United States District Court, W.D. Kentucky, Paducah
OPINION AND ORDER
B. RUSSELL, SENIOR JUDGE
of 2017, Defendant, Stephen M. Patterson Jr., was charged
with being a felon in possession of a firearm. (R. 1). In
august of 2017, Patterson moved this Court for a competency
hearing pursuant to 18 U.S.C. §§ 4241, 4242 and
4247. The Court granted the motion and ordered a psychologic
evaluation of Patterson be conducted prior to the hearing.
(R. 17). The psychological evaluation was performed at
Metropolitan Correctional Center in Chicago by Dr. Schenk, a
forensic psychologist. (R. 25). Based on her evaluation, Dr.
Schenk prepared a report, which was filed with the Court in
February of 2018. In her report Dr. Schenk determined
Patterson competent to stand trial. Paterson's competency
hearing was then conducted on October 4, 2018. Dr. Schenk
testified at the hearing both before and after Patterson gave
testimony. Her opinion remained consistent-Patterson may hold
unorthodox beliefs, but he is nevertheless competent to stand
trial. As explained more thoroughly herein, based on Dr.
Schenk's report, and the October 4th competency hearing,
the Court agrees with Dr. Schenk. Patterson is competent to
18 U.S.C. § 4241 “the district court has not only
the prerogative, but the duty, to inquire into a
defendant's competency whenever there is
‘reasonable cause to believe' that the defendant is
incompetent to stand trial.” United States v.
White, 887 F.2d 705, 709 (6th Cir. 1989). “[T]he
bar for incompetency is high: a criminal defendant must lack
either a ‘sufficient present ability to consult with
his lawyer with a reasonable degree of rational
understanding' or ‘a rational as well as factual
understanding of the proceedings against him.'”
United States v. Miller, 531 F.3d 340, 350 (6th Cir.
2008) (quoting Drope v. Missouri, 420 U.S. 162, 172,
95 S.Ct. 896, 43 L.Ed.2d 103 (1975)); 18 U.S.C.S. §
4241(d). The Court's determination must be based on a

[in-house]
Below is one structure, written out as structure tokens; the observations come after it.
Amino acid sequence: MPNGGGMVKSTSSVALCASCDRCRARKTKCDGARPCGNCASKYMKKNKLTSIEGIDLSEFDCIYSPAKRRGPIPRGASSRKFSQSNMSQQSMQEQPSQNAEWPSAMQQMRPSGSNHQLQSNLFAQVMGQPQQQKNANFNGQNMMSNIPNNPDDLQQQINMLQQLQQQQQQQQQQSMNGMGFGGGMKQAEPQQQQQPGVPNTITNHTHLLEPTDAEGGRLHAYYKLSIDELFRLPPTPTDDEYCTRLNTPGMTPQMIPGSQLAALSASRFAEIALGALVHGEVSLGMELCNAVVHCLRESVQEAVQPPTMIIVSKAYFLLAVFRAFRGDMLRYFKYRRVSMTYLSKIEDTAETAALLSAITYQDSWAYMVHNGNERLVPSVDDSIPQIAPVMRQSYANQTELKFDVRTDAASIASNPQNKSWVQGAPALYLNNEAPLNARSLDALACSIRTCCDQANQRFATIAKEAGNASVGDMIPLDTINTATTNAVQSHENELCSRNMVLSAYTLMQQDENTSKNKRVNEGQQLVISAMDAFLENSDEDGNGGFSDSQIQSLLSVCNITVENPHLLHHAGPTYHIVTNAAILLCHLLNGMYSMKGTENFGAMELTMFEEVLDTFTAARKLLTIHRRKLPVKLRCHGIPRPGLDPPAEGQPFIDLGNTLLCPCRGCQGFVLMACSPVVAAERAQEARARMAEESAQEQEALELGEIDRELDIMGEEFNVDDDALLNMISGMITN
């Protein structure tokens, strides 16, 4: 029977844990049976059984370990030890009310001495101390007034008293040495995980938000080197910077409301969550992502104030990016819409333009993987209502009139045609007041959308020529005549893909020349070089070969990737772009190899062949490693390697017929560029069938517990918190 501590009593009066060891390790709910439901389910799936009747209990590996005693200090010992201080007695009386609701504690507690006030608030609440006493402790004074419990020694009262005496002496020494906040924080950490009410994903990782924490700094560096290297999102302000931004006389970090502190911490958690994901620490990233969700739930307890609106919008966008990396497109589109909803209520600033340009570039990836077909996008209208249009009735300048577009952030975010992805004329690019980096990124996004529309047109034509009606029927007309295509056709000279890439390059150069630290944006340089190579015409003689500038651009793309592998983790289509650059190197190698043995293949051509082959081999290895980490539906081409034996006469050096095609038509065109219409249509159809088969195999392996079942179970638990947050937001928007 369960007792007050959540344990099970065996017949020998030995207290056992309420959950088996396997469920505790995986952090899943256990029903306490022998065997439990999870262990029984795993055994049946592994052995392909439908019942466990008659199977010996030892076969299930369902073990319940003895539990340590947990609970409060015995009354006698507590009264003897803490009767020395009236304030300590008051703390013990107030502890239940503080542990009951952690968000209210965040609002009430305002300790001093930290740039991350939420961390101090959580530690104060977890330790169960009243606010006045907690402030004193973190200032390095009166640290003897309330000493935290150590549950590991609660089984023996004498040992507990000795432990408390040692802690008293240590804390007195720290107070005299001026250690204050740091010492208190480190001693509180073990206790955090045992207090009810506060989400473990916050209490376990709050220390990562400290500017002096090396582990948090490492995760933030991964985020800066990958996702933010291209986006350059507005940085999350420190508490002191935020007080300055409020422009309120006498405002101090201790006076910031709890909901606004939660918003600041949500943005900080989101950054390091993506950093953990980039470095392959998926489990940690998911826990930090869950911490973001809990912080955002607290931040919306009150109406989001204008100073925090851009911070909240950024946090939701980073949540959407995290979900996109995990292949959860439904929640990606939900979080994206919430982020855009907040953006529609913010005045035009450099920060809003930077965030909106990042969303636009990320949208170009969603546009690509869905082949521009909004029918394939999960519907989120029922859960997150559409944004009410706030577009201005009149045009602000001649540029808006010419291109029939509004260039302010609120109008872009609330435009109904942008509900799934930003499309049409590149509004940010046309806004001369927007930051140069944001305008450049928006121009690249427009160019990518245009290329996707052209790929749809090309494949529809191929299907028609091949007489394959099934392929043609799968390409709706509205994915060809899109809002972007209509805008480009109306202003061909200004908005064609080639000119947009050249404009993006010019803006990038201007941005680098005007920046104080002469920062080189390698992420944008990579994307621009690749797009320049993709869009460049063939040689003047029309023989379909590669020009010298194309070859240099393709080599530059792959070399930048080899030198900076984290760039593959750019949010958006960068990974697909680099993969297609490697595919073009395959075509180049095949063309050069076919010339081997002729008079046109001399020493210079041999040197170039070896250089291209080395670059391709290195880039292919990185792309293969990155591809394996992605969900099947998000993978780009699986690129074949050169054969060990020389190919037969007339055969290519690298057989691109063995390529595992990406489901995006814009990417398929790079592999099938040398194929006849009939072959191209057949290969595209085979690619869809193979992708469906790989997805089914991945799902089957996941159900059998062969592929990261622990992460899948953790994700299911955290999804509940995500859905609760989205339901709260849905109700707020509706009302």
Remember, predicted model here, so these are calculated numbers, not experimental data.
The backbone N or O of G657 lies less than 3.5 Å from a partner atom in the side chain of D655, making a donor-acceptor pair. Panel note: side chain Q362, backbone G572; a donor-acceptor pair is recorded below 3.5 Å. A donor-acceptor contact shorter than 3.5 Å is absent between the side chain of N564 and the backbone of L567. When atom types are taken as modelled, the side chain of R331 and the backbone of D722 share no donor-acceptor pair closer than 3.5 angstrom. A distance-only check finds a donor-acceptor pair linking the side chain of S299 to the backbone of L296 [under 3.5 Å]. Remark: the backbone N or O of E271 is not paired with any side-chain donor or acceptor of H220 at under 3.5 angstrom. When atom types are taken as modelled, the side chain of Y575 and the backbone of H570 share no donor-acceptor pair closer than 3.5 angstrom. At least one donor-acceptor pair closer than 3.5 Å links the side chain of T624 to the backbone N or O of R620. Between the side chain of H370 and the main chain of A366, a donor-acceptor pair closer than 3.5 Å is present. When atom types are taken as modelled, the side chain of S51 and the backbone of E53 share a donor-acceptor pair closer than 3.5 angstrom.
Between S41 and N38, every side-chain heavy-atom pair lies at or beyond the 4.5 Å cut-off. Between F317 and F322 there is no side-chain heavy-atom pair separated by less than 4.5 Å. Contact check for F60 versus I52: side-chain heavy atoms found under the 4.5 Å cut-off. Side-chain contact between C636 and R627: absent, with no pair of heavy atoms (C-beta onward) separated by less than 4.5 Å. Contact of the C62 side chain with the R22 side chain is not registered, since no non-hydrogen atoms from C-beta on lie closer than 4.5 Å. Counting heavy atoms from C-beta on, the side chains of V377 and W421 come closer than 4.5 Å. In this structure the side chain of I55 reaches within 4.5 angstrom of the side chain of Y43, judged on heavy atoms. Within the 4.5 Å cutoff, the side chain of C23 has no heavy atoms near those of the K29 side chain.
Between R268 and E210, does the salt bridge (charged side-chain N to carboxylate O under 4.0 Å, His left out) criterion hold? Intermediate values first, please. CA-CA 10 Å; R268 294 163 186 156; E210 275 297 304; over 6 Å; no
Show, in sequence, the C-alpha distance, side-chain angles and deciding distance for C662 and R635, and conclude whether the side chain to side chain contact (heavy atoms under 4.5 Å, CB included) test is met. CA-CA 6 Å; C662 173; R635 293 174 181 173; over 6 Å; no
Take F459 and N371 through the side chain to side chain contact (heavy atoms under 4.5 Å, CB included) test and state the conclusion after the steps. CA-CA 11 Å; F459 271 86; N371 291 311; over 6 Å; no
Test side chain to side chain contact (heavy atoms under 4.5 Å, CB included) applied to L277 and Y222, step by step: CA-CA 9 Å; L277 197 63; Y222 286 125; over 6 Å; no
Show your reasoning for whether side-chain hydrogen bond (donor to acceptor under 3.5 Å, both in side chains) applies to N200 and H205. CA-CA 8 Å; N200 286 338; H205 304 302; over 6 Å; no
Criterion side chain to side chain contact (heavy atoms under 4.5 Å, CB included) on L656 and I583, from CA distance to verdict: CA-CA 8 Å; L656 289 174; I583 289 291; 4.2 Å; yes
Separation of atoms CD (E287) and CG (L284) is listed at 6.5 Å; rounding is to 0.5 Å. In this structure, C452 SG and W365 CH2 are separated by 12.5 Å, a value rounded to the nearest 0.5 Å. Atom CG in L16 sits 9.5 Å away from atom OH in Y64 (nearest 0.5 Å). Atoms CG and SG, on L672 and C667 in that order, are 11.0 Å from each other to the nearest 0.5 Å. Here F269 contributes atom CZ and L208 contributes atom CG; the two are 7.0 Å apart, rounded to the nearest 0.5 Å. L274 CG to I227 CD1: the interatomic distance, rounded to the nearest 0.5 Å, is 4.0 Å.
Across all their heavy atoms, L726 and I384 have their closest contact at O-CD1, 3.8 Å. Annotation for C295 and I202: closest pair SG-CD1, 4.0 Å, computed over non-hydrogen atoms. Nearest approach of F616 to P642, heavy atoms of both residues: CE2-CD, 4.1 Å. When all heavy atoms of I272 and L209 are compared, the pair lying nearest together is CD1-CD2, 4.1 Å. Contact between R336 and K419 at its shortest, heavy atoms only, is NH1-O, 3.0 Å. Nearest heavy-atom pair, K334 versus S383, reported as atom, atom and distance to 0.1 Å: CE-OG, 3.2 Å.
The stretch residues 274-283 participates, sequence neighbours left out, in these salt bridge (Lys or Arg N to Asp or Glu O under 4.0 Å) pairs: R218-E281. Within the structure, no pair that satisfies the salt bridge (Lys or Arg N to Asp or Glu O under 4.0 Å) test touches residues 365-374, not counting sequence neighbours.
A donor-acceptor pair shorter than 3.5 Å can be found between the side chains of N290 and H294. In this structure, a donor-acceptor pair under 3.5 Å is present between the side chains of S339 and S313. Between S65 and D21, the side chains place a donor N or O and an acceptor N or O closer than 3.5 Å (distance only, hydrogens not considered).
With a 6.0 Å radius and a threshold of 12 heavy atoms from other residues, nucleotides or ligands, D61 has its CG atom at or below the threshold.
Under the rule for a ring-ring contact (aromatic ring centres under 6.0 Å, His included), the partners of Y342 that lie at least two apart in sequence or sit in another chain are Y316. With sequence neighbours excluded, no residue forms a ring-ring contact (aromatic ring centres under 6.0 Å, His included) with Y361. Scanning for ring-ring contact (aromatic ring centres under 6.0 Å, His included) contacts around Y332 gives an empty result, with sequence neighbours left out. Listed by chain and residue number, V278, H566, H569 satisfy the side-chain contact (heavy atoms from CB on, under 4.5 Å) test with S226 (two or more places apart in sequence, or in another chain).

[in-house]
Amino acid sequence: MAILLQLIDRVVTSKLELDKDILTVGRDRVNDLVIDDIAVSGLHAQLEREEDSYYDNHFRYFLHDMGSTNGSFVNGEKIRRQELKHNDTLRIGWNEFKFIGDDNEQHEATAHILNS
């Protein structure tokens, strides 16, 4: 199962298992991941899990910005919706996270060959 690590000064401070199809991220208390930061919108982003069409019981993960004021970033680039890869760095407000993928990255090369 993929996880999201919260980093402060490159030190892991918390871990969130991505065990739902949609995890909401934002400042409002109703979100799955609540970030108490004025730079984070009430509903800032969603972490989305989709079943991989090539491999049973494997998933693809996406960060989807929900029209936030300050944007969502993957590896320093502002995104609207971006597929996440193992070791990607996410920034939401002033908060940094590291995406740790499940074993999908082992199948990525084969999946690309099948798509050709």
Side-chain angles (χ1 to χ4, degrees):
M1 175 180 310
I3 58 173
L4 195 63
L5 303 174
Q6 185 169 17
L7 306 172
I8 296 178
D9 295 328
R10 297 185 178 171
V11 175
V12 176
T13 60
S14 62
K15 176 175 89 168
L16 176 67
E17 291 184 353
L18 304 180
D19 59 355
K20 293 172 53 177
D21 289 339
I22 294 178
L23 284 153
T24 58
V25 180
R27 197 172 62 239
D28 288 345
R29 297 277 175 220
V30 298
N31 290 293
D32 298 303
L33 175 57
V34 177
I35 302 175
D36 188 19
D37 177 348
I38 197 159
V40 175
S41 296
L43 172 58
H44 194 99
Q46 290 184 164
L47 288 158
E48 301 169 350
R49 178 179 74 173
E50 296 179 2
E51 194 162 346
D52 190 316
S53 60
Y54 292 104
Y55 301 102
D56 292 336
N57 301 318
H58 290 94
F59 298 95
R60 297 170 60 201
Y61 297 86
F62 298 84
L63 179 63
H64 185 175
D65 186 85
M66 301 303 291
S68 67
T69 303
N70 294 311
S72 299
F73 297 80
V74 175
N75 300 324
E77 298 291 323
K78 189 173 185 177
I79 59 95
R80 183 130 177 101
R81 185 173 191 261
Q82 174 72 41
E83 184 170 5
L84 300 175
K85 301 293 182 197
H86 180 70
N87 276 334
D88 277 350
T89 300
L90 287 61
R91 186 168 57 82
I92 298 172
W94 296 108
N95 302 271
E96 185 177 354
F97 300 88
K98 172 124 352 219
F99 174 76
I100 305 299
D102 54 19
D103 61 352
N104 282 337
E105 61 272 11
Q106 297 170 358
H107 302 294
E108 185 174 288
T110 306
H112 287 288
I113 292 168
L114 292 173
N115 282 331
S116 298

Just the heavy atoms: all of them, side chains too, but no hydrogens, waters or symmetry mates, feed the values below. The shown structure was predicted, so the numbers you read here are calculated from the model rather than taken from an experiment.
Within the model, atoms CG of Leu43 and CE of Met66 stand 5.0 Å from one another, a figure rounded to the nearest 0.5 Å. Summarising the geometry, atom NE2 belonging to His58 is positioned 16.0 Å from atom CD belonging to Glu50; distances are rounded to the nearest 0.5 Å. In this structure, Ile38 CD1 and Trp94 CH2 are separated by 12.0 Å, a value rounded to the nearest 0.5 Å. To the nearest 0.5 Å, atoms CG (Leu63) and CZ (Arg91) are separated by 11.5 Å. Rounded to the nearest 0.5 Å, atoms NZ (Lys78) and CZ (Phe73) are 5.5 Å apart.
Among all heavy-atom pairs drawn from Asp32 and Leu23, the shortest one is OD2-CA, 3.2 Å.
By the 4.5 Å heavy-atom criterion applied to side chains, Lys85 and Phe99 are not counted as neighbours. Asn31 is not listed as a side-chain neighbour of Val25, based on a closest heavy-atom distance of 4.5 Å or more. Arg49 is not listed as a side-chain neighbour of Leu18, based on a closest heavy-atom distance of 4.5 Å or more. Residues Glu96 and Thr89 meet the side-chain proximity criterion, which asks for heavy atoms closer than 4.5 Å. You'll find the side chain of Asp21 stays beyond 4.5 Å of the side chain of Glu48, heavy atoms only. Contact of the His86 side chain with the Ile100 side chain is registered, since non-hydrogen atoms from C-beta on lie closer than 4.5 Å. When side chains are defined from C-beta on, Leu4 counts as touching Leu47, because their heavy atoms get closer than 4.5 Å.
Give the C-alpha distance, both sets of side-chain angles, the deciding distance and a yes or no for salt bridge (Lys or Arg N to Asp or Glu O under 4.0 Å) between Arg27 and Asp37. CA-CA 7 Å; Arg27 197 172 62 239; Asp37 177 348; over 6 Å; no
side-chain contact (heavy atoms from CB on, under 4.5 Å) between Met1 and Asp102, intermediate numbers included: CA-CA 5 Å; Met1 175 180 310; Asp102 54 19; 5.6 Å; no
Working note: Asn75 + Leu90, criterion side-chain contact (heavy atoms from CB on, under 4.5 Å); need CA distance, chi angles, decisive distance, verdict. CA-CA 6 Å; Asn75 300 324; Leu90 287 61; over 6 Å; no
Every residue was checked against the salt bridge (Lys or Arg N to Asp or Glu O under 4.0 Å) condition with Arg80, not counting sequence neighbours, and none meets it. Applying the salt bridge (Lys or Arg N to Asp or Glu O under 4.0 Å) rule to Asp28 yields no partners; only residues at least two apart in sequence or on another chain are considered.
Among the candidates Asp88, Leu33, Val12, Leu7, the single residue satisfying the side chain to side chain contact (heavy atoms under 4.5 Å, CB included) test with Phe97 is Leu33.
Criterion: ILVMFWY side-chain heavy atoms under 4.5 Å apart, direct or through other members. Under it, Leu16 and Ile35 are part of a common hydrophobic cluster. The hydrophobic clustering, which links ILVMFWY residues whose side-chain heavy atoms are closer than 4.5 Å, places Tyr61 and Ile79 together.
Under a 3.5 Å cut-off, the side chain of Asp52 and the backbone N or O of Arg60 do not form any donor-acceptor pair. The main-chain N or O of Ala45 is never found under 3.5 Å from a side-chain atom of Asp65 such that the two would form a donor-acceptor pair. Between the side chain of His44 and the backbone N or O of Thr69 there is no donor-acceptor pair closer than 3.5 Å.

preponderance of the evidence. 18 U.S.C.S. § 4241(d). In
making its determination the Court should consider the
defendant's demeanor, any prior medical opinion regarding
competency, and any evidence of irrational behavior.
Drope, 420 U.S. at 180.
mentally competent to stand trial, Patterson must possess two
things. First, Patterson must possess the ability to
understand the nature and consequences of the proceedings
against him. 18 U.S.C.S. § 4241(d). Second, Patterson
must possess the ability to assist properly in his defense.
18 U.S.C.S. § 4241(d). He Possesses both.
Patterson has the Ability to Understand the Nature and
Consequences of the Proceedings Against Him.
evidence presented by Dr. Schenk, as well as Patterson's
testimony and demeanor convince the Court that Patterson
understands the nature and consequences of the proceedings
against him. Dr. Schenk is highly qualified. She attended the
University of Wisconsin, where she majored in psychology and
minored in criminal justice. She then went on to West
Virginia University, where she received her doctorate in
clinical psychology with a focus in forensic psychology. Dr.
Schenk then pursued a post-doctoral fellowship specializing
in forensic psychology with Georgia Regents University and
East Central Regional Hospital in Augusta. Finally, in 2015,
she became employed by the Federal Bureau of Prisons as a
writing her psychological report for the Court, Dr. Schenk
reviewed all the records concerning Patterson's case, but
most importantly, Dr. Schenk conducted a variety of in-person
interviews with Patterson over the span of roughly two
months. Based on her firsthand interaction with Patterson,
Dr. Schenk testified that Patterson may have some sincerely
held unusual beliefs. For example, Patterson told Dr. Schenk
that he was a “vice generate.” When asked to
define the term, Patterson told Dr. Schenk that it was